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AM radio staying on the dial in Ford’s 2024 models

Image credit: Foto 118233783 © Rowan Patrick |

Amid ongoing concerns about AM radio's future - both in-car and elsewhere - lawmakers in the US are pressuring automakers to include the long-range transmission technology in all vehicles' entertainment consoles as standard.

In a U-turn, Ford has confirmed that AM radio will be included on all of its 2024 models and that it will restore the AM service to two of its electric models for 2023.

Writing on Twitter yesterday (Tuesday), Ford CEO Jim Farley wrote: "After speaking with policy leaders about the importance of AM broadcast radio as a part of the emergency alert system, we've decided to include it on all 2024 @Ford & @LincolnMotorCo [sic] vehicles. For any owners of Ford EVs without AM broadcast capability, we’ll offer a software update.

"Customers can currently listen to AM radio content in a variety of ways in our vehicles – including via streaming – and we will continue to innovate to deliver even better in-vehicle entertainment and emergency notification options in the future".

Farley said the reversal on its earlier decision to scotch AM from Ford car radios came about after conversations with government policy leaders, who expressed concerns about being able to reliably broadcast the emergency alerts that are often sounded via AM radio stations, e.g. to warn of impending natural disasters.

AM radio coverage in many countries - particularly the US - is near-total, coast to coast, unlike cellular coverage which is much spottier and susceptible to outages.

A bipartisan group of federal lawmakers also introduced a bill to Congress today (Wednesday) calling on the National Highway Traffic Safety Administration to require AM in new vehicles at no additional cost.

Sponsors of the 'AM for Every Vehicle Act' cited the same public safety concerns as those shared with Ford and AM radio's ability and importance in reaching people in even the most remote and rural areas.

It was noted that a number of major automakers have already dropped the AM band from their car radios, including Ford, BMW, Audi, Porsche and Tesla.

In a statement introducing the bill, Democrat Senator Ed Markey wrote: “Ford’s reversal reflects an overdue realisation about the importance of AM radio, but too many automakers are still going [in] the wrong direction.”

Republican Senator Josh Gottheimer, also a sponsor of the Act, said in a statement: "When the cell phone runs out, the internet gets cut off, or the television doesn't work because of no electricity or power to your house, you can still turn on your AM radio."

Ford removed AM from the 2023 Mustang Mach-e and F-150 Lightning electric pickups after data collected from vehicles showed that less than 5 per cent of customers listened to it, company spokesman Alan Hall said. Electrical interference and reducing cost and manufacturing complexity also allegedly played a role in Ford's decision.

The company had also taken AM radio out of the 2024 gasoline-powered Mustang, but will add it back in before any of the cars are delivered, Hall said.

Ford's EVs will get an online software update to put AM back into the vehicles and the company will keep including it in future vehicles while it looks at alternative ways to deliver emergency alerts, Hall said.

Automakers have suggested that internet radio or other communication tools could replace AM radio, but the opposition's argument is that there will always be situations where a driver might not have internet access.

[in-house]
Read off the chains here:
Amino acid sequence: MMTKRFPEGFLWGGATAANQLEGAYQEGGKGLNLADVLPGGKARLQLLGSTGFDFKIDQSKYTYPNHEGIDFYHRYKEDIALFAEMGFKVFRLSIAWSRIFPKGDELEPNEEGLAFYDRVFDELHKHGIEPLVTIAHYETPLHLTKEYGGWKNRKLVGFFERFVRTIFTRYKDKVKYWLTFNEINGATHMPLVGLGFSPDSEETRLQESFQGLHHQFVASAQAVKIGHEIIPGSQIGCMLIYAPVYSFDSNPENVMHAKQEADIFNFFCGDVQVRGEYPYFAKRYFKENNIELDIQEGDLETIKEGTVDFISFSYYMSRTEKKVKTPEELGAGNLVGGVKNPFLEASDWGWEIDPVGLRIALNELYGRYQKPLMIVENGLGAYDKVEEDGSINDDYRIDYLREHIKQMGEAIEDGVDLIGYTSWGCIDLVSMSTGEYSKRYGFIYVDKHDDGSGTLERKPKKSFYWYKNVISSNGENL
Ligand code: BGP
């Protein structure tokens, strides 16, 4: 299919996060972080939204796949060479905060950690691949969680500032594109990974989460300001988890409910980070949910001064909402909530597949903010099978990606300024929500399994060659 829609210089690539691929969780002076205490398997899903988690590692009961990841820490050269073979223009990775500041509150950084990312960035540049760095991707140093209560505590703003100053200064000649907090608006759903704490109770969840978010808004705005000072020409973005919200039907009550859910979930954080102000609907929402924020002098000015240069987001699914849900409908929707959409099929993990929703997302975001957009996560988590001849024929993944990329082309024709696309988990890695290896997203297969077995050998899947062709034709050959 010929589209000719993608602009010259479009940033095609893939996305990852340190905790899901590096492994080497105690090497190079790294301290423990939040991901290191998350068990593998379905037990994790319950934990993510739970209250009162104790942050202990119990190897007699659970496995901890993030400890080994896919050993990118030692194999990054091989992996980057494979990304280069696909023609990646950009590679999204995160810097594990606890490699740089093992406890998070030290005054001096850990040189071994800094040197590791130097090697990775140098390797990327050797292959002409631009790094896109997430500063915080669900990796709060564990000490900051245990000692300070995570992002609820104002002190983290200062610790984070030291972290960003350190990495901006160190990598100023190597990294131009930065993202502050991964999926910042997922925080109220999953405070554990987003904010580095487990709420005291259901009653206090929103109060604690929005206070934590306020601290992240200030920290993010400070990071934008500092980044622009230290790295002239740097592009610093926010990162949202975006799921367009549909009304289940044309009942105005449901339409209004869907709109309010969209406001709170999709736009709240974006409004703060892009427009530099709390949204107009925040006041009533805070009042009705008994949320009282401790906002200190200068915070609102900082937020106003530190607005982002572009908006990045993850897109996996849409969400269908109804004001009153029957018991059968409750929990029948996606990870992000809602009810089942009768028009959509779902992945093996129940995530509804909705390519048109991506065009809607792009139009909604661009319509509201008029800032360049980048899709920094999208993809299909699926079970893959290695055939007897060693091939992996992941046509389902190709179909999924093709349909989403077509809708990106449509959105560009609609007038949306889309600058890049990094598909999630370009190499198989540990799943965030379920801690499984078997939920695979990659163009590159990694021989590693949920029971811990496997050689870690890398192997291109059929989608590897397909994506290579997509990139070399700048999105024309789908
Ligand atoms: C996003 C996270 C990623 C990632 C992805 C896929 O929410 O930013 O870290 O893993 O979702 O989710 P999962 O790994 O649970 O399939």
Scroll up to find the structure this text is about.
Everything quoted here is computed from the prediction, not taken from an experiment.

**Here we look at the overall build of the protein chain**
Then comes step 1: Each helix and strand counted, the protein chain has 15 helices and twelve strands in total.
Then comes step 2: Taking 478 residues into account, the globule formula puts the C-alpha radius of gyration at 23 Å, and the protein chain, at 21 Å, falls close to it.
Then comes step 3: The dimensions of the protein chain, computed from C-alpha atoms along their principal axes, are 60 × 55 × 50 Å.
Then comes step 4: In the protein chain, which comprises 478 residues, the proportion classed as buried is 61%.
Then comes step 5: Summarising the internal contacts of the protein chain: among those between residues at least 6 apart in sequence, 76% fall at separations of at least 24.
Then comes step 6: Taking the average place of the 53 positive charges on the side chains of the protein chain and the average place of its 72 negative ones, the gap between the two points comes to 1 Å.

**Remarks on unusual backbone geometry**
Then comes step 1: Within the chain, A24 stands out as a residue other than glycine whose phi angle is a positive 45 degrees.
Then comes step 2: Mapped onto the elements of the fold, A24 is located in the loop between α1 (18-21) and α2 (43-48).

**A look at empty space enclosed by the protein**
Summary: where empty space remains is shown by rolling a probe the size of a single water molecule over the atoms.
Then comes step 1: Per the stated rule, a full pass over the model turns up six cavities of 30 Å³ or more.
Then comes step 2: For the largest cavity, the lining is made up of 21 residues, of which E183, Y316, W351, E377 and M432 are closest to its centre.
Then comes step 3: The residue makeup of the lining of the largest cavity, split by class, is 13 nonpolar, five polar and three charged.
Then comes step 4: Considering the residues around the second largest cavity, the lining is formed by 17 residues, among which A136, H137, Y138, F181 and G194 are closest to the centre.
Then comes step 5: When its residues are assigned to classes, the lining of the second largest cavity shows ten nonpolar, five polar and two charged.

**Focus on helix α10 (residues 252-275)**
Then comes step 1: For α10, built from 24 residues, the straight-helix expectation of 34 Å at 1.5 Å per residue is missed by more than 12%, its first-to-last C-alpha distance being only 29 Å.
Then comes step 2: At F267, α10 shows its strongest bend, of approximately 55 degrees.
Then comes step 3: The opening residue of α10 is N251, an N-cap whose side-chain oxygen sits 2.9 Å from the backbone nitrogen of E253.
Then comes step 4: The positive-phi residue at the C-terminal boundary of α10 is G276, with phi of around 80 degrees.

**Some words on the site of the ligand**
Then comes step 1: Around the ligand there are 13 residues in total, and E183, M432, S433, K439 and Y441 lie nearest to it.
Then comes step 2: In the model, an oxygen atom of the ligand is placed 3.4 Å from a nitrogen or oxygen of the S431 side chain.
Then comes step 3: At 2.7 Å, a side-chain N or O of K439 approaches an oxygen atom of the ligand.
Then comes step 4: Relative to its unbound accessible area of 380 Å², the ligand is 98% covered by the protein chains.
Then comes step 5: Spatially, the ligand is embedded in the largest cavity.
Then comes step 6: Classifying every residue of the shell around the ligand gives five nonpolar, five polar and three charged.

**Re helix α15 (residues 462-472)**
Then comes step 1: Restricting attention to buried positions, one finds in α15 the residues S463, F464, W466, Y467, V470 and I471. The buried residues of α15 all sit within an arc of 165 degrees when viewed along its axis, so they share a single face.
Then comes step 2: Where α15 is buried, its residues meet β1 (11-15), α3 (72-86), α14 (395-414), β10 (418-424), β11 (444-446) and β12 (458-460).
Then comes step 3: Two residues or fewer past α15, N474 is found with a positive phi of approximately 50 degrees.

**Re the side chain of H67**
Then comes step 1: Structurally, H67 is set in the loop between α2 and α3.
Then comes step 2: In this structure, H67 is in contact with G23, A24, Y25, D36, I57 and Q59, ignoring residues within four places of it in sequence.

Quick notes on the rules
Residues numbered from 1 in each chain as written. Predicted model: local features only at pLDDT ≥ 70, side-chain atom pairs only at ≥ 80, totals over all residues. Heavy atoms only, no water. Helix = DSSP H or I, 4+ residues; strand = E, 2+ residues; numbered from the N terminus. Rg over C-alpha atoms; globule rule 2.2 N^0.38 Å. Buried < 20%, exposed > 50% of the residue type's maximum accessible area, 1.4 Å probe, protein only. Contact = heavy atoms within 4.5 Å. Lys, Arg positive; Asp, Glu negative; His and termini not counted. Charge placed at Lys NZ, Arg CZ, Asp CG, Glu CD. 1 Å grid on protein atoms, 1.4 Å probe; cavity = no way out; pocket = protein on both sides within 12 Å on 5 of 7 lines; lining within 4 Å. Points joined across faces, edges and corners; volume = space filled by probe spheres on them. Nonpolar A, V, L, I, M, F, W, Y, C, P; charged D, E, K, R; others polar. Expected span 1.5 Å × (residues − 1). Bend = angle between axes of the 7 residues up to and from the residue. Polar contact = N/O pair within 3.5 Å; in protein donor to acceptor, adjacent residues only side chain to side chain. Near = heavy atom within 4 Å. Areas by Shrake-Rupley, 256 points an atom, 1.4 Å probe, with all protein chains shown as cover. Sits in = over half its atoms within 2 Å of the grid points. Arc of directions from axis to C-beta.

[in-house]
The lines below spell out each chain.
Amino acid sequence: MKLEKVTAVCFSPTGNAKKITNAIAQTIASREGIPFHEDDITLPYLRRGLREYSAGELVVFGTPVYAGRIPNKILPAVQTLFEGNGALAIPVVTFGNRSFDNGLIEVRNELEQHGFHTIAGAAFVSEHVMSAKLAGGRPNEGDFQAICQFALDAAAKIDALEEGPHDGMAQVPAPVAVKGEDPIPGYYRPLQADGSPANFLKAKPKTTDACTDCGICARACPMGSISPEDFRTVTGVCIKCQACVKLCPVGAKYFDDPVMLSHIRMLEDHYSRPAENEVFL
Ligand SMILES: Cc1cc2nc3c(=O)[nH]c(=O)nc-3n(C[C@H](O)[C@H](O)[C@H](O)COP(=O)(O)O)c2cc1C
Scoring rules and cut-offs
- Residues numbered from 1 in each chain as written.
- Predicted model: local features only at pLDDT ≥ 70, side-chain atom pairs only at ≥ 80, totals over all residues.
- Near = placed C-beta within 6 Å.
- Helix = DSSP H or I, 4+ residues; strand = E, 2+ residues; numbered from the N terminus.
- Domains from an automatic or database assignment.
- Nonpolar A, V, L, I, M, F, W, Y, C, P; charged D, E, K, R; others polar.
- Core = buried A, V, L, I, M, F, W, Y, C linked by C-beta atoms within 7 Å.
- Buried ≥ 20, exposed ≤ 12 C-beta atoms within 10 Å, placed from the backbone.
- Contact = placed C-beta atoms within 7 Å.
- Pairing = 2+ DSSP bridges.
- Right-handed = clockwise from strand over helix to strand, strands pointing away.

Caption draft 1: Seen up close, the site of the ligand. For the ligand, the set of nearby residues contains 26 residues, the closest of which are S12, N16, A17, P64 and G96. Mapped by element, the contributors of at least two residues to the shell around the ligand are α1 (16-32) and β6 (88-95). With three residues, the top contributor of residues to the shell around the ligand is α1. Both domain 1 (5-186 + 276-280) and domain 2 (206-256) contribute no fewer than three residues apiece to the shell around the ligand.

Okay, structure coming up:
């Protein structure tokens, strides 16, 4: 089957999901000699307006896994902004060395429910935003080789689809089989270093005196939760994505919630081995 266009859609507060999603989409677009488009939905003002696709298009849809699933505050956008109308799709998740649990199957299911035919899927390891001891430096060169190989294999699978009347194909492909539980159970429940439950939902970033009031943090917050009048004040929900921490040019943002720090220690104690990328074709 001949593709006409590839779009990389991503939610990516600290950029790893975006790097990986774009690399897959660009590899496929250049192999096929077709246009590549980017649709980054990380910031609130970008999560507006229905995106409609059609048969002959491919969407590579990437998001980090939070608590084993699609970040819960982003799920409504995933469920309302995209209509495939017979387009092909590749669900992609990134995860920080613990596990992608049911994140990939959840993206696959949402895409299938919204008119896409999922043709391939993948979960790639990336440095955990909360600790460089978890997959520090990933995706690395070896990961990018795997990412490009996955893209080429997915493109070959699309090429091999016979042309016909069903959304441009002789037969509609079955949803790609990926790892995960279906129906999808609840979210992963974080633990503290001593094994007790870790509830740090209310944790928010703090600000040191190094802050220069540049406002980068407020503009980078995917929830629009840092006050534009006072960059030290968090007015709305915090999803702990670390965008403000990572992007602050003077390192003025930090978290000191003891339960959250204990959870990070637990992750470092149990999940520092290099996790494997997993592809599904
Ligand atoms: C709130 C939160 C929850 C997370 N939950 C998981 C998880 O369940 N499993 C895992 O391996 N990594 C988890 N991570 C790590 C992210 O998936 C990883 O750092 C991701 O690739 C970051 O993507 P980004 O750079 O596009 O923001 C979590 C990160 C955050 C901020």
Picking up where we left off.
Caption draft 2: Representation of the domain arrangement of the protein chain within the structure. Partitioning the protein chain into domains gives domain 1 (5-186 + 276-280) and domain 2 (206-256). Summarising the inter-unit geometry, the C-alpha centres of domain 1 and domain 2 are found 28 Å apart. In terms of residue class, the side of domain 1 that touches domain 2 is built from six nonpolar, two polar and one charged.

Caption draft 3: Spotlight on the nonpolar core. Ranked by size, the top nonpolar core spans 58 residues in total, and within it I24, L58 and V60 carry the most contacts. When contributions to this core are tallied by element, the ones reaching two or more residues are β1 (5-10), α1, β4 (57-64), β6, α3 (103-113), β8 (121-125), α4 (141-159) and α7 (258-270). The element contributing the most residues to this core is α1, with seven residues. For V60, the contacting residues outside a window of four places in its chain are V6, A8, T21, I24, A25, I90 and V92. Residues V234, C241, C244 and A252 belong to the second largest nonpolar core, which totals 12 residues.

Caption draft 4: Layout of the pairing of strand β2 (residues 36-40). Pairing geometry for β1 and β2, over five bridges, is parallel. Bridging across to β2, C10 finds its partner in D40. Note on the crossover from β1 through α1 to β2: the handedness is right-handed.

Although broadly welcomed - the Federal Communications Commission (FCC) and the National Association of Broadcasters both praised the prospective legislation - the trade group Alliance for Automotive Innovation, which represents major automakers including Ford and BMW, criticised the bill as unnecessary.

According to the National Association of Broadcasters and Nielsen data, more than 80 million people in the US listen to AM radio every month.

Although often lo-fi and crackly in reception - due in part to electromagnetic interference, and especially in a vehicle in motion - the AM band remains a popular radio home for local news and weather channels, sportscasts, talk shows and impassioned, often partisan political debate; one aspect of the AM story that may partially explain the Republican skewing of the bill's sponsors, who include Texas Senator Ted Cruz. Some conservative commentators and show hosts have expressed concern about losing a crucial right-wing communications channel should AM radio be permanently switched off.

In the UK, the government's decision to switch off analogue radio signals and move exclusively to digital radio has been repeatedly bumped back over the course of the last decade or so.

Most recently, in April 2022, the government published its response to the 'Digital Radio and Audio Review', as commissioned by the Department for Digital, Culture, Media and Sport in February 2020.

There had been a prevailing belief that once the the majority of radio listening was being enjoyed via a digital platform, according to consumer research, the transition to a digital-only radio service in the UK would follow.

However, in its 2022 response, the government acknowledged that "the rapid growth of connected audio devices over recent years has started to change the landscape for radio and audio services" and that now it would need to "consider a much broader range of issues - and not just whether sufficient progress had been made for the government to consider any potential switchover from AM and FM to DAB".

Ultimately, the conclusion was that "the time is not right for a formal switch-off of analogue radio services and that it would be precipitous to look to this happening before 2030 at the earliest."

AM's place on the radio dial remains secure, at least for now.

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